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If your weight-loss plan depends on saccharin, you're in trouble

December 27, 2010|By Tami Dennis / Tribune Health

Let's hope that resolution to shed excess pounds doesn't rely too heavily on saccharin-sweetened food. If it does, you might want to rethink your approach to dieting -- but not necessarily because saccharin is going to do you harm.

The belief that saccharin is risky has persisted for decades now. That is, it's persisted outside the Food and Drug Administration and the Environmental Protection Agency, both of which have offered up figurative "to your health" toasts with the stuff. The former has declared it safe for human consumption; the latter has removed the sweetener from its list of hazardous substances.

This recent Nutrition Lab article, Saccharin's mostly sweet following, from the L.A. Times offers a close look at the science, not just the hyperbole, on saccharin (and an interesting side note on the composition of rat, as opposed to human, urine).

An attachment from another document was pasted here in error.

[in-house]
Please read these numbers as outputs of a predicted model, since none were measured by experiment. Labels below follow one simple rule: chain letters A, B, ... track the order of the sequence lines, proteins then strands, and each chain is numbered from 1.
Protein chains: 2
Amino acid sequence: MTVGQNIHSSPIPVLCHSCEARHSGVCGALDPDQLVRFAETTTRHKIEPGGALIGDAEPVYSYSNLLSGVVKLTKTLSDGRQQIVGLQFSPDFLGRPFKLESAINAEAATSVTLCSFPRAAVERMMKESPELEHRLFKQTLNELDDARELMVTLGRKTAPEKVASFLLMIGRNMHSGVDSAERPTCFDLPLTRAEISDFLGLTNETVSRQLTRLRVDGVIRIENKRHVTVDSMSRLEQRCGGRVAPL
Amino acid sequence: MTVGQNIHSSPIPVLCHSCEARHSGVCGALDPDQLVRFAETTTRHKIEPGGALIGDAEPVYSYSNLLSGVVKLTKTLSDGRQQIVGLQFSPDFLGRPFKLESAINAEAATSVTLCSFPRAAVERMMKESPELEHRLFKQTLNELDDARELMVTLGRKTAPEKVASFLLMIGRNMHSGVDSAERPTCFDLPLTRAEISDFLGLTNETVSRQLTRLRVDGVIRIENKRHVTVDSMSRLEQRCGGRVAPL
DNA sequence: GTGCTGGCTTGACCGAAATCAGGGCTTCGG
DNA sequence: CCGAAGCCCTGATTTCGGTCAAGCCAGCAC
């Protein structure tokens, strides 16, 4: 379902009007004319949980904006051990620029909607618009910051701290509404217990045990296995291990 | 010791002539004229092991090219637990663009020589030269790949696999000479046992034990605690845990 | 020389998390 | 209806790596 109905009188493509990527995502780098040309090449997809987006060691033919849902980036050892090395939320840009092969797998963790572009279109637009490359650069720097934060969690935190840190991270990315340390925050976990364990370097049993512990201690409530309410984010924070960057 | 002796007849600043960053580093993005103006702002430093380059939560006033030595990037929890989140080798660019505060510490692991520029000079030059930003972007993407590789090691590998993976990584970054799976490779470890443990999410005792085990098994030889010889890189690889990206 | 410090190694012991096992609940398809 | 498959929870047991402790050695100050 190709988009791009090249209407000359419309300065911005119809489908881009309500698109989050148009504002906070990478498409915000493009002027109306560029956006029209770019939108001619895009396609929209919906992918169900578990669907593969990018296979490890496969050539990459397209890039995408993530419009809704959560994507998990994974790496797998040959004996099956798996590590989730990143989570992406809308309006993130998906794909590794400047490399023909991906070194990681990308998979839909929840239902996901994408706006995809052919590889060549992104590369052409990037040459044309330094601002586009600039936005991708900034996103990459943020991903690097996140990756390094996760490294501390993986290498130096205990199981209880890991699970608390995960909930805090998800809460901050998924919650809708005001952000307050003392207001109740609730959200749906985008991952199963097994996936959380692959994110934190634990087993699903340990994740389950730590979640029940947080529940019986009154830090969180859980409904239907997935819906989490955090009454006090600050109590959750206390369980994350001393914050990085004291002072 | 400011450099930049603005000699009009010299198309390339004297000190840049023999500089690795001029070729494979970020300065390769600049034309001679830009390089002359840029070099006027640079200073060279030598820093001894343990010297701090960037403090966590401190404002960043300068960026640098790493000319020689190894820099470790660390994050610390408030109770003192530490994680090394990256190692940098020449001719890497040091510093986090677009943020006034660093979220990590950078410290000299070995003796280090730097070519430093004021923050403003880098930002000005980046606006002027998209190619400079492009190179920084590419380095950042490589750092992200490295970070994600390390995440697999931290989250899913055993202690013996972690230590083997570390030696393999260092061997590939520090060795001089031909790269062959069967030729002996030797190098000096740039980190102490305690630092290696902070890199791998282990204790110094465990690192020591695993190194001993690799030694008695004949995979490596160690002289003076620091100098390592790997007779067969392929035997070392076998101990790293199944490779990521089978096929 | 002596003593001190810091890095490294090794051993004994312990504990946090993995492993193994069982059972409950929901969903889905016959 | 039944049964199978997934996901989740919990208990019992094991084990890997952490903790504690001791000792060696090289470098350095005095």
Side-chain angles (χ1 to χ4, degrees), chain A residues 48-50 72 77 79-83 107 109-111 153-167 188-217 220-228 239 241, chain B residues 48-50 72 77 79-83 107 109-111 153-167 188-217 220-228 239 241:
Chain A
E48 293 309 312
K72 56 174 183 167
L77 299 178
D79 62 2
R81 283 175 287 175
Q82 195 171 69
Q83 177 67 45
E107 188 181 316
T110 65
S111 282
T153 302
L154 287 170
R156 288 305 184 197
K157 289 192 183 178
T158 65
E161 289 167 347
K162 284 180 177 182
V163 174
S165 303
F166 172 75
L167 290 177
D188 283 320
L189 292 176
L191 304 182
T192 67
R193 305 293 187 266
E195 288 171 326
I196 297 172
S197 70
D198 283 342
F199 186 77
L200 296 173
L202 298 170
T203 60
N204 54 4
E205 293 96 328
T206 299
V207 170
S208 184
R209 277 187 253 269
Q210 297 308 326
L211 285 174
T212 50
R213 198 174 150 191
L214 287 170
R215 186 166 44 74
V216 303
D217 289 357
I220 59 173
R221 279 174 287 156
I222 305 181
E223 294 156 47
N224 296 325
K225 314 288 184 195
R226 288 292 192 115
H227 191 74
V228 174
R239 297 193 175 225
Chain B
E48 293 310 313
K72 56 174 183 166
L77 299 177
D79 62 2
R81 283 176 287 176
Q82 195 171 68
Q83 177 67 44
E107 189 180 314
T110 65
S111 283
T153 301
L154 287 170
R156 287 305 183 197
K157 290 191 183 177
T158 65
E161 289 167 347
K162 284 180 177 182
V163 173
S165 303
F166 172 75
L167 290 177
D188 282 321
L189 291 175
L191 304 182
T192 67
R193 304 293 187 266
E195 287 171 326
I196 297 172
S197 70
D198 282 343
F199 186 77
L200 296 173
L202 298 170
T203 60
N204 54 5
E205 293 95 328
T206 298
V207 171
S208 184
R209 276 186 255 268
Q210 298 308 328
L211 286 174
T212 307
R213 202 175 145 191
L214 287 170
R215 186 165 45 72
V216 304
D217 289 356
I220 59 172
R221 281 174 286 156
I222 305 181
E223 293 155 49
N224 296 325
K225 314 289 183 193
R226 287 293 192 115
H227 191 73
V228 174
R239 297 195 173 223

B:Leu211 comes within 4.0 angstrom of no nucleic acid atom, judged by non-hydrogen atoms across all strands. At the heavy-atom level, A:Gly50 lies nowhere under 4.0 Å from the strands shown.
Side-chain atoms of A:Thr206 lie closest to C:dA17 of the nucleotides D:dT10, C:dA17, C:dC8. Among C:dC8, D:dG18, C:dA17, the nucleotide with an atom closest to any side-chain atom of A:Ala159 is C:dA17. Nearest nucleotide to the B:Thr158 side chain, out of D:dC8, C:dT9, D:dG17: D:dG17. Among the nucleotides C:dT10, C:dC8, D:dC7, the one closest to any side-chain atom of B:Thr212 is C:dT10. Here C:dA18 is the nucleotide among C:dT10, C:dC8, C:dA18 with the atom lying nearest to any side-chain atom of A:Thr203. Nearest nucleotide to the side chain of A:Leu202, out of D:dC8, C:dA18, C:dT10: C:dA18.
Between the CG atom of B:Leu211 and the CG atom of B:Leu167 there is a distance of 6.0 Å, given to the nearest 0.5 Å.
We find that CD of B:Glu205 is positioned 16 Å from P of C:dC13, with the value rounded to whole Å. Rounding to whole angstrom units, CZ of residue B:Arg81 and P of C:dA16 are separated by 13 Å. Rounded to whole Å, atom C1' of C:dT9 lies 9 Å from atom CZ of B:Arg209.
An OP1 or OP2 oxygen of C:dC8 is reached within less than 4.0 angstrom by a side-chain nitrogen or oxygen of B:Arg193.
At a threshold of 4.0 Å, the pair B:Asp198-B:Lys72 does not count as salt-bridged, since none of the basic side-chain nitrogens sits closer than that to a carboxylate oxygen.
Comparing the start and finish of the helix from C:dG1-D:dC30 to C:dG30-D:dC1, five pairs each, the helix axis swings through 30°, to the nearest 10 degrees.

Related: A history of saccharin

The story doesn't put nails in any fear-of-saccharin coffins, but it does ultimately, and wisely, raise questions about the type of foods we consume.

If weight loss is the goal -- and for many people this time of year, it is -- perhaps how those treats are sweetened is beside the point.

Related: A reversal on carbs

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